Reeling: The Chicago LGBT International Film Festival opens Friday at Music Box with the romantic comedy Boy Meets Girl; check out our sidebar for reviews of eight features screening this week. That same night the Chicago Romanian Cultural Marathon kicks off at Facets Cinematheque, with four Romanian features making their Chicago premieres over the weekend; three of them are even subtitled! Our coverage is here.
But that’s not all—we’ve reviewed a dozen more movies this week.
Recommended: The Disappearance of Eleanor Rigby, starring Jessica Chastain and James McAvoy as a wife and husband separated by tragedy, and featuring a blue-chip supporting cast that includes William Hurt, Isabelle Huppert, Ciaran Hinds, Viola Davis, Bill Hader, and Jess Weixler; See You Next Tuesday, a dark comedy about a mentally ill mother-to-be who crashes with her obnoxious, lesbian art-punk sister; Through a Lens Darkly, a documentary that takes on no less than the history of African-American art photography; and Thy Womb, a Filipino drama about a long-married couple trying to survive on a small island menaced by pirates and sectarian militias.
Not recommended: God Help the Girl, a sugary, cute-as-a-button musical by Belle and Sebastian front man Stuart Murdoch; The Guest, a horror item about a family welcoming into their home a strange man who claims to be the combat buddy of their late son; In Search of Chopin, the latest classical music documentary from Phil Grabsky, who’s previously searched for Mozart, Beethoven, and Haydn (the last one was especially difficult to find, because he was Haydn); The Notebook, a thoroughly nasty Hungarian drama about two boys fending for themselves in the last days of World War II in Europe, which will really make the fur fly when people rent it thinking it’s the Ryan Gosling tearjerker; This Is Where I Leave You, a big-screen sitcom starring Jane Fonda, Jason Bateman, Tina Fey, and Adam Driver; A Walk Among the Tombstones, a revenge thriller starring Liam Neeson, who never gets tired of getting even with people; and The Zero Theorem, the latest from Brazil director Terry Gilliam, whose hero is ordered to prove mathematically that existence is meaningless.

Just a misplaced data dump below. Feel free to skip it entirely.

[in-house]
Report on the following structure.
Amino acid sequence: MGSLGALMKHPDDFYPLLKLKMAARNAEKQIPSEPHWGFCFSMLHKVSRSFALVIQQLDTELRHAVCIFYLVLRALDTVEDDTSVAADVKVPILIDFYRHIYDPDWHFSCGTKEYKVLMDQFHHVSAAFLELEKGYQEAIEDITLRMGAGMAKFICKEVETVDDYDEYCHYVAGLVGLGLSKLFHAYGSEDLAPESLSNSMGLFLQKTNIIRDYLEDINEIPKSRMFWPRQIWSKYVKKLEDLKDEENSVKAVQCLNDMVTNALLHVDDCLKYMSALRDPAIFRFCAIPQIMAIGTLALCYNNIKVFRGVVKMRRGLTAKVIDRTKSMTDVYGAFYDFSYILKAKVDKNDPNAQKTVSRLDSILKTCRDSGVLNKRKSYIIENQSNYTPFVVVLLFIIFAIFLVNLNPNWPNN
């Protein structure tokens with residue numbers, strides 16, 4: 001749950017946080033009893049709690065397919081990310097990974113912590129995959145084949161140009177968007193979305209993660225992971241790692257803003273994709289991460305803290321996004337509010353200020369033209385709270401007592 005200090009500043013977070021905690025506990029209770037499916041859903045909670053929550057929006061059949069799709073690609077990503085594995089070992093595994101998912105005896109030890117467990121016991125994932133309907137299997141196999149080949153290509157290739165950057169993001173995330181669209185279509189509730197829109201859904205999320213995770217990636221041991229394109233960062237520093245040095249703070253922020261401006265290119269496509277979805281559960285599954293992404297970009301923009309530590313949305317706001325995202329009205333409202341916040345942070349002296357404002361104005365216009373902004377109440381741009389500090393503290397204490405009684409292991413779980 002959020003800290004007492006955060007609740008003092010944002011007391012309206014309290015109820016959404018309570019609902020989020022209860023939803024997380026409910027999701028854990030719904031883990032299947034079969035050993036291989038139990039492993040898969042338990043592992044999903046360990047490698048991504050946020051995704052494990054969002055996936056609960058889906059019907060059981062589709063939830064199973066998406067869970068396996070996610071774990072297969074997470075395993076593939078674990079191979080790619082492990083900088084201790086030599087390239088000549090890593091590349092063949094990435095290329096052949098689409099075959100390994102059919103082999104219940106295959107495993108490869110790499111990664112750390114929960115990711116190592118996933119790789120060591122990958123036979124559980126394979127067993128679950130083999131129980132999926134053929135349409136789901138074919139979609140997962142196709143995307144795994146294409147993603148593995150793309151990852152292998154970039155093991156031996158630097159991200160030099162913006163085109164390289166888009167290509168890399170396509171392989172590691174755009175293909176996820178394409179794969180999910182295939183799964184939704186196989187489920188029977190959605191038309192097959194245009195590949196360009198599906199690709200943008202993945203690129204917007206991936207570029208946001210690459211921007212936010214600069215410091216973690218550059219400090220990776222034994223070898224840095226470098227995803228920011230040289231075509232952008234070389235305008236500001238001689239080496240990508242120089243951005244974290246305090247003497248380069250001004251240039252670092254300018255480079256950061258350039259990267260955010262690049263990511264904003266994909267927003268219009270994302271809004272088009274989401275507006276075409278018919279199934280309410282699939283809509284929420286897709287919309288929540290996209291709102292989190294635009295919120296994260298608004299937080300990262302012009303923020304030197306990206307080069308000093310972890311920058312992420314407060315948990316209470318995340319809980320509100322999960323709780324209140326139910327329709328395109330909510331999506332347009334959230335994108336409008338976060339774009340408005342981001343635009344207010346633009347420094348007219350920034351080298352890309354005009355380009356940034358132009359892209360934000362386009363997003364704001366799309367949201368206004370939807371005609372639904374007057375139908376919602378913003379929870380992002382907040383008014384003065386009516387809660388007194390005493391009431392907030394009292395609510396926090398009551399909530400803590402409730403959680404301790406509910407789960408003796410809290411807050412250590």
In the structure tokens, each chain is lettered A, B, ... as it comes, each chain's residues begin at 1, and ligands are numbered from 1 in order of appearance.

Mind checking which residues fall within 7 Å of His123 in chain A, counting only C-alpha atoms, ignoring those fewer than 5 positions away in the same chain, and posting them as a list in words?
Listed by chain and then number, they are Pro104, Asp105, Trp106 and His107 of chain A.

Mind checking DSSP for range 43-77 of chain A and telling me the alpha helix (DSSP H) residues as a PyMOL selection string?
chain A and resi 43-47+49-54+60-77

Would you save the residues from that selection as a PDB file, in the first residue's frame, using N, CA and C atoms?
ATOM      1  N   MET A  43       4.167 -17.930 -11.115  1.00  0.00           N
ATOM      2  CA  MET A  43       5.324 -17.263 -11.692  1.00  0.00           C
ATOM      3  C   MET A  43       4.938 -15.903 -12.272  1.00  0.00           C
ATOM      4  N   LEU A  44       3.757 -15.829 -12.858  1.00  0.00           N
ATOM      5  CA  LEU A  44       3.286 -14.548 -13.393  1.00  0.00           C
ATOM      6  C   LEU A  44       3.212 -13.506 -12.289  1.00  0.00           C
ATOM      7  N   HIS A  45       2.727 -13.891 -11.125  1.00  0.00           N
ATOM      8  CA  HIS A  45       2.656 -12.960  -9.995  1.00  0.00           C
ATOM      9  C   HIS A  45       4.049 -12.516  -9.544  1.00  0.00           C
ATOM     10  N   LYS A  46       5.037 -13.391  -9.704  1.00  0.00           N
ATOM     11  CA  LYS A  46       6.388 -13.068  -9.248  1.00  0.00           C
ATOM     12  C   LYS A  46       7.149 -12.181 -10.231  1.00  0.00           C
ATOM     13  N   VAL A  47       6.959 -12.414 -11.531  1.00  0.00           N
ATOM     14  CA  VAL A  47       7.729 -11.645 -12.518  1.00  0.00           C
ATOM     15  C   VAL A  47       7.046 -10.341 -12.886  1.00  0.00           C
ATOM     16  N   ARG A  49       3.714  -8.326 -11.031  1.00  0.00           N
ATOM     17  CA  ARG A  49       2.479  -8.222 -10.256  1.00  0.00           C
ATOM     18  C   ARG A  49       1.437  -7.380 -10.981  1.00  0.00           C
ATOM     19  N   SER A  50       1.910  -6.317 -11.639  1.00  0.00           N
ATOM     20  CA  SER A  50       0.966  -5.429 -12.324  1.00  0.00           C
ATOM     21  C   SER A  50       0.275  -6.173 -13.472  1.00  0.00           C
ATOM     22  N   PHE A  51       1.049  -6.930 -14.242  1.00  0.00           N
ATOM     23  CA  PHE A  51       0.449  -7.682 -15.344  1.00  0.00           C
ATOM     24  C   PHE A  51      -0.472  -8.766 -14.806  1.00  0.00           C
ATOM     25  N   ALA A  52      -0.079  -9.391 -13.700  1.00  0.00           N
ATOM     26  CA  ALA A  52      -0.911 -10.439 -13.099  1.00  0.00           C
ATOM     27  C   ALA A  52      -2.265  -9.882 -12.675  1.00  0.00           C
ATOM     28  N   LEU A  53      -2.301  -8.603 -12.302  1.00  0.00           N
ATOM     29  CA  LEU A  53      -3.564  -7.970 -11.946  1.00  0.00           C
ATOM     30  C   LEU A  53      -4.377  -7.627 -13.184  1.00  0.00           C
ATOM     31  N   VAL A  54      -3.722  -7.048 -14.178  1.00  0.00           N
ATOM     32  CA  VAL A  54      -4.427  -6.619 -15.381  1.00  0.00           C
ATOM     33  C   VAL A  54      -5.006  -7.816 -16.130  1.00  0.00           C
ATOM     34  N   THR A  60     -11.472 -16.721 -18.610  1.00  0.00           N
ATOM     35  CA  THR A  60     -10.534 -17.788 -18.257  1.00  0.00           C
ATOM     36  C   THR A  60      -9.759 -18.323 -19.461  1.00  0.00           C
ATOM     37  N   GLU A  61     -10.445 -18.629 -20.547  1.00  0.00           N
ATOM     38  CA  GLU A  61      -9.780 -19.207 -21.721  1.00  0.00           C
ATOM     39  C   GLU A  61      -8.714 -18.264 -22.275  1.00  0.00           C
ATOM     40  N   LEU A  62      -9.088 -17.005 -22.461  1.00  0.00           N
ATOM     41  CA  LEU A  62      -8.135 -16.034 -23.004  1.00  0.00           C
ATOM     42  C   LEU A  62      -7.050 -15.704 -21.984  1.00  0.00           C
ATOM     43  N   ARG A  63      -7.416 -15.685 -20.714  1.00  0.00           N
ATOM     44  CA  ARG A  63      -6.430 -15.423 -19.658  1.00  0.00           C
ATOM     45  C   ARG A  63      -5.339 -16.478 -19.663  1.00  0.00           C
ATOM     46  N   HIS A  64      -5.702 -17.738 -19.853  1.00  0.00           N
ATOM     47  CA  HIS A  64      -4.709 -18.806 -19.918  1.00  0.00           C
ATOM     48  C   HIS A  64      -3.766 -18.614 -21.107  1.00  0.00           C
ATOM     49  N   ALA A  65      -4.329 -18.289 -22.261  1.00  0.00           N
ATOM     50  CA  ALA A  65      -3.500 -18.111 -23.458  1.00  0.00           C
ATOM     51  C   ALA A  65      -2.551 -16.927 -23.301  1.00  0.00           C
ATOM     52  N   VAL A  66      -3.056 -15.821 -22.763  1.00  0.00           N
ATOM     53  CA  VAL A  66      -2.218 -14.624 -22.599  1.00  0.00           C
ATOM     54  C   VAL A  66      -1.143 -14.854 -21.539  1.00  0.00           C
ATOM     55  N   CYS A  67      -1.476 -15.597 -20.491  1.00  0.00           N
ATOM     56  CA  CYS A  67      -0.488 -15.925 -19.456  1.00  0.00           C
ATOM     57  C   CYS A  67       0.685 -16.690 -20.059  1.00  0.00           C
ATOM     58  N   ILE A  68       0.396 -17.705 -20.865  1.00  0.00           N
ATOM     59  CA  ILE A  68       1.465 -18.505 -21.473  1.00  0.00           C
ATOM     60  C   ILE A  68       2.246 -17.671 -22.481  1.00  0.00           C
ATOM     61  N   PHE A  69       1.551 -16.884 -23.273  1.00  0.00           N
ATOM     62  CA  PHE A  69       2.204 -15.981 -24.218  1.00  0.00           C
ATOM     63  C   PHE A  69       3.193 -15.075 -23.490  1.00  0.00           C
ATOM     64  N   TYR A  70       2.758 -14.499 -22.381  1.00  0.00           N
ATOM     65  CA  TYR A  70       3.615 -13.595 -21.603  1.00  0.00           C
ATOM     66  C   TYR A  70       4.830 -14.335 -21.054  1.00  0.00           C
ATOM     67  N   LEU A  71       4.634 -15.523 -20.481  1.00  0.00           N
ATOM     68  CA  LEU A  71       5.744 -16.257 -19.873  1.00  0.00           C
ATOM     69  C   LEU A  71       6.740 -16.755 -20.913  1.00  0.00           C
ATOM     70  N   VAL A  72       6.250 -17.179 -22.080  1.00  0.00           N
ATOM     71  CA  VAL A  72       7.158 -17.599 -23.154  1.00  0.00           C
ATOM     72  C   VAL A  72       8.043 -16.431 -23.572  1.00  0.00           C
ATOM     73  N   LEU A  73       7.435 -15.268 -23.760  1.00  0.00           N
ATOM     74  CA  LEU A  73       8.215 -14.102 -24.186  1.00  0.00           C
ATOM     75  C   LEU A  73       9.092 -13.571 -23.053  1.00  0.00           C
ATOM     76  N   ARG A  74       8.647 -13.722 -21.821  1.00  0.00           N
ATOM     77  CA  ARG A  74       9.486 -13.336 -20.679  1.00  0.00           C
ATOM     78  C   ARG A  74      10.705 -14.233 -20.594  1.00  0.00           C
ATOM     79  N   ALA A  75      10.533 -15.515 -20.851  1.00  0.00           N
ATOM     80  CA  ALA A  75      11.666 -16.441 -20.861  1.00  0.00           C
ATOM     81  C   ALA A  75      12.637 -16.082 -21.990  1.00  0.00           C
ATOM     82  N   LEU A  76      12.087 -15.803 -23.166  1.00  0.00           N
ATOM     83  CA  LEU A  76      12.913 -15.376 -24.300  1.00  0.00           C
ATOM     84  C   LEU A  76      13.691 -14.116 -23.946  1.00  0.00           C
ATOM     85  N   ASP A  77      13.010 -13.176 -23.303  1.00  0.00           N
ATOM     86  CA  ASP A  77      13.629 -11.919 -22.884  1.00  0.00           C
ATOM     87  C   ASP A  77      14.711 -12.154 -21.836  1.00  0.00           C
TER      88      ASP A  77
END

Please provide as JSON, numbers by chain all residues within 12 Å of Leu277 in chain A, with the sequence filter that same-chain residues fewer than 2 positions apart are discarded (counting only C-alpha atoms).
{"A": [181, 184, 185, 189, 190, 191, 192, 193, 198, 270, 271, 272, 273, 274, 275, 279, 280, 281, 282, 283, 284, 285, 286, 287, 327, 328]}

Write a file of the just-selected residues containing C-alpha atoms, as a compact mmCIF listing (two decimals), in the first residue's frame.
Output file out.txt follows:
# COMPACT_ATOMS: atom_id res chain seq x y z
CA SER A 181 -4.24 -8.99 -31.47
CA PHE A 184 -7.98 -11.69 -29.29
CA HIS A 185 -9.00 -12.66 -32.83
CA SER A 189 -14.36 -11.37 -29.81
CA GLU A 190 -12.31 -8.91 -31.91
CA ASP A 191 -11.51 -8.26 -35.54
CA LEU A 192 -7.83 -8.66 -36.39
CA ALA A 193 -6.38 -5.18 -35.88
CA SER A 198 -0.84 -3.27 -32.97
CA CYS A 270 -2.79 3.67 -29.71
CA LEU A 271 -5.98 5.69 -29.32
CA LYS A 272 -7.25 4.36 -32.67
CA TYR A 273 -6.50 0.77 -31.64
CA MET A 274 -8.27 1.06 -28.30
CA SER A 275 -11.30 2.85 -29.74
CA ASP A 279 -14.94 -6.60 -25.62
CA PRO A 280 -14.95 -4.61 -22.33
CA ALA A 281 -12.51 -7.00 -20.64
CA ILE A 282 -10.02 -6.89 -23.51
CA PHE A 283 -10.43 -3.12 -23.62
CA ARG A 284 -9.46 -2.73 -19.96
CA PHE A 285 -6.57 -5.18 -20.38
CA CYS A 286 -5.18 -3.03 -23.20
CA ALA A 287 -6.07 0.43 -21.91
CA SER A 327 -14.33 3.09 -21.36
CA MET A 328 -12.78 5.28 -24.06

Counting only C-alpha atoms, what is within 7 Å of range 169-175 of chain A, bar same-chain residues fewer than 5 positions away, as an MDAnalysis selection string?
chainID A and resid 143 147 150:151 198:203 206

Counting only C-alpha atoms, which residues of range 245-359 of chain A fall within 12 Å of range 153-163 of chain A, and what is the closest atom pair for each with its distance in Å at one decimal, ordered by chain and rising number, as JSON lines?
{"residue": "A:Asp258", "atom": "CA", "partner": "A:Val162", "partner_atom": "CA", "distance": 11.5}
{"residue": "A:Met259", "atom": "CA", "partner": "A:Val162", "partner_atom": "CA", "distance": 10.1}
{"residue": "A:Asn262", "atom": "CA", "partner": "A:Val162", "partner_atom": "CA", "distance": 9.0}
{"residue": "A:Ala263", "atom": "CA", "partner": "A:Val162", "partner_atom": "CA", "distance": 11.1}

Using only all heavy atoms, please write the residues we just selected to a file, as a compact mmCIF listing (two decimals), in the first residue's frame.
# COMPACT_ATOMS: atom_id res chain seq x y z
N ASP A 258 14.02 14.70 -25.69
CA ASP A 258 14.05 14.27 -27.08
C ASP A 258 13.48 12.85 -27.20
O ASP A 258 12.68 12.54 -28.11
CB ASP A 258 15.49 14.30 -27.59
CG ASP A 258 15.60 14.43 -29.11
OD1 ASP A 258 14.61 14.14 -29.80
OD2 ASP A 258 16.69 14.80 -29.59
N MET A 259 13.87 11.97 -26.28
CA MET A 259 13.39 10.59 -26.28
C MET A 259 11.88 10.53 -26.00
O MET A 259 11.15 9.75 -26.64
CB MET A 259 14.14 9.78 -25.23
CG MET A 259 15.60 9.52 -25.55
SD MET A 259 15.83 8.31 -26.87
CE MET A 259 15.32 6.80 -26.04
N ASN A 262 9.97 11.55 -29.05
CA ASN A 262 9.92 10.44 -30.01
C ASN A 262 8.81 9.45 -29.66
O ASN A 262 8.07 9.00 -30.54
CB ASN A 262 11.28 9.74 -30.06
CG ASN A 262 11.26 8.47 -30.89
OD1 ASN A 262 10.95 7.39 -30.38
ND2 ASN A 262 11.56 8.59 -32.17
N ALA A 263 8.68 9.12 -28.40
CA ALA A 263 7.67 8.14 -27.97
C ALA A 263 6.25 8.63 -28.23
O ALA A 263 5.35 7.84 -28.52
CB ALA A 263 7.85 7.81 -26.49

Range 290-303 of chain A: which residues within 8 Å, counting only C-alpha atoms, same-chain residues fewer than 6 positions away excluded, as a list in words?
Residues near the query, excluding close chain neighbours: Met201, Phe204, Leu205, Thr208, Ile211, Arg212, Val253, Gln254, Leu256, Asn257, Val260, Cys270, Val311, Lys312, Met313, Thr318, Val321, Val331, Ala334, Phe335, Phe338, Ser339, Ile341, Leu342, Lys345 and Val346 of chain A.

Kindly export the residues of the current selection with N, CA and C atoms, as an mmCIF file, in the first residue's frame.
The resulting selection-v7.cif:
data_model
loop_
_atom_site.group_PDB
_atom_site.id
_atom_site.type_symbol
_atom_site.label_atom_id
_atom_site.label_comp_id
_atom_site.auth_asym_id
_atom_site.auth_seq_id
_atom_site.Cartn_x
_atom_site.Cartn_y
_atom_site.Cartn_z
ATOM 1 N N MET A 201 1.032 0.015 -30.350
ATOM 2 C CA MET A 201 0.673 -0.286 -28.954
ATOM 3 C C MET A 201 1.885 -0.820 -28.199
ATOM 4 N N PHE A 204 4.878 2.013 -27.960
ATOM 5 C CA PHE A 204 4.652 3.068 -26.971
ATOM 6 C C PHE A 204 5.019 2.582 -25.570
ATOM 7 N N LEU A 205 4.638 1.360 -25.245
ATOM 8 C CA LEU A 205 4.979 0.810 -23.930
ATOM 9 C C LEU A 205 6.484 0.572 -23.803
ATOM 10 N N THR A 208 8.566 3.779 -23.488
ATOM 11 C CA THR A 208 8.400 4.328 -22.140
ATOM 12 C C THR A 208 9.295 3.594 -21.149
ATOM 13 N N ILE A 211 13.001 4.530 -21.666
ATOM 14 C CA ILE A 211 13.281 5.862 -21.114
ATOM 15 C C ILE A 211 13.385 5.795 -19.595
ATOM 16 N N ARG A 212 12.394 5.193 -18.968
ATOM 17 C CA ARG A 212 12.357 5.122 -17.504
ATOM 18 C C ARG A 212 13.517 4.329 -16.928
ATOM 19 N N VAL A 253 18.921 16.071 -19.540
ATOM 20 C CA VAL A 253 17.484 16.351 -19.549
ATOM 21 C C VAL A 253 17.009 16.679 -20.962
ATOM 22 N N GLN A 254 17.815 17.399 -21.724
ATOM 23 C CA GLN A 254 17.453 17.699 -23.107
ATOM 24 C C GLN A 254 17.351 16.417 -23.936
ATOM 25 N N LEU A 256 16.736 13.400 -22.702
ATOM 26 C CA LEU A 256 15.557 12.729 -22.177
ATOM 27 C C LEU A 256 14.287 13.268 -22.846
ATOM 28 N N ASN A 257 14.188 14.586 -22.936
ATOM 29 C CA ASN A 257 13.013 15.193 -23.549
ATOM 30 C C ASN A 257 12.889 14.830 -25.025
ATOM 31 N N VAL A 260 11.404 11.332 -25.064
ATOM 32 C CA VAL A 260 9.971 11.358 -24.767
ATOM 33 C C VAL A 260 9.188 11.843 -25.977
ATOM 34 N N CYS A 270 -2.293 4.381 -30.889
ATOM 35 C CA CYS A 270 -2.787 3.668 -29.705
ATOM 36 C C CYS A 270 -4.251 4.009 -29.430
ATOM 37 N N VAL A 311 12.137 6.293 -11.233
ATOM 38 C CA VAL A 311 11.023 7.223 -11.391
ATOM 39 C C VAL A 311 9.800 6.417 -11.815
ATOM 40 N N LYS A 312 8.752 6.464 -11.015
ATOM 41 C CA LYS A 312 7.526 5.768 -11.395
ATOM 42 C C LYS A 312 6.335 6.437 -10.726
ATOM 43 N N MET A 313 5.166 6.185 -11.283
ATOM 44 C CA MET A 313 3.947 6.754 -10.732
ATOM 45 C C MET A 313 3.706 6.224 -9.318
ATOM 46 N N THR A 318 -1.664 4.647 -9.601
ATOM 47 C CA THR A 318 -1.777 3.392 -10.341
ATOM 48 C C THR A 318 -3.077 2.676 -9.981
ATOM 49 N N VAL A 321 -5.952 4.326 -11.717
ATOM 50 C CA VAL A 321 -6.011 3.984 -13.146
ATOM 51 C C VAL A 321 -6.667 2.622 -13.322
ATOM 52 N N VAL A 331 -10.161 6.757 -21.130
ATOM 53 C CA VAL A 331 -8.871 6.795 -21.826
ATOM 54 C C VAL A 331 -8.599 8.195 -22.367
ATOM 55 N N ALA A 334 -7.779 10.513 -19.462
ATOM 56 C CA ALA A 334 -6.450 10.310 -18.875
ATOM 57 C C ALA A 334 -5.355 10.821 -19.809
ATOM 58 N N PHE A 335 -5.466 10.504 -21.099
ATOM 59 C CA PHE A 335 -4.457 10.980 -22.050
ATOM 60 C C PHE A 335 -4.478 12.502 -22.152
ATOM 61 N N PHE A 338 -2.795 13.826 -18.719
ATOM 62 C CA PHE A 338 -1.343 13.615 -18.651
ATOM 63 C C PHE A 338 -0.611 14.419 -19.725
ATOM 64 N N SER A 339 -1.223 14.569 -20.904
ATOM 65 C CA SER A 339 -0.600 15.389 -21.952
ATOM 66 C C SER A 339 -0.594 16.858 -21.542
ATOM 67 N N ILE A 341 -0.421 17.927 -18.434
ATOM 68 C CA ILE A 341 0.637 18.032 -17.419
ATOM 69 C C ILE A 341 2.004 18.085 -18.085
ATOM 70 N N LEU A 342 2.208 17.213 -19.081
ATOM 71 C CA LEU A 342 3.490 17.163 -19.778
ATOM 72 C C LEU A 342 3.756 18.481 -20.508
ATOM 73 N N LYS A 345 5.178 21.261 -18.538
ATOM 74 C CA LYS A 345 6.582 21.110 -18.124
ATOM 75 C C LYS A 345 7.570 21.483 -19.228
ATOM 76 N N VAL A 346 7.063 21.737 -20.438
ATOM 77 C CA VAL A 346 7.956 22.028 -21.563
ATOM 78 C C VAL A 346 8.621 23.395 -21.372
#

Best bets for repertory: David Fincher’s Fight Club (1999), late-night Friday, Saturday, and Monday at the Logan; Jerry Lewis’s The Ladies Man (1961), Friday and Tuesday at Gene Siskel Film Center, the latter show introduced by Jonathan Rosenbaum; Miranda July’s Me and You and Everyone We Know (2005), Tuesday by DVD projection at Transistor; and Josef von Sternberg’s Morocco (1930), Saturday and Sunday morning at Music Box.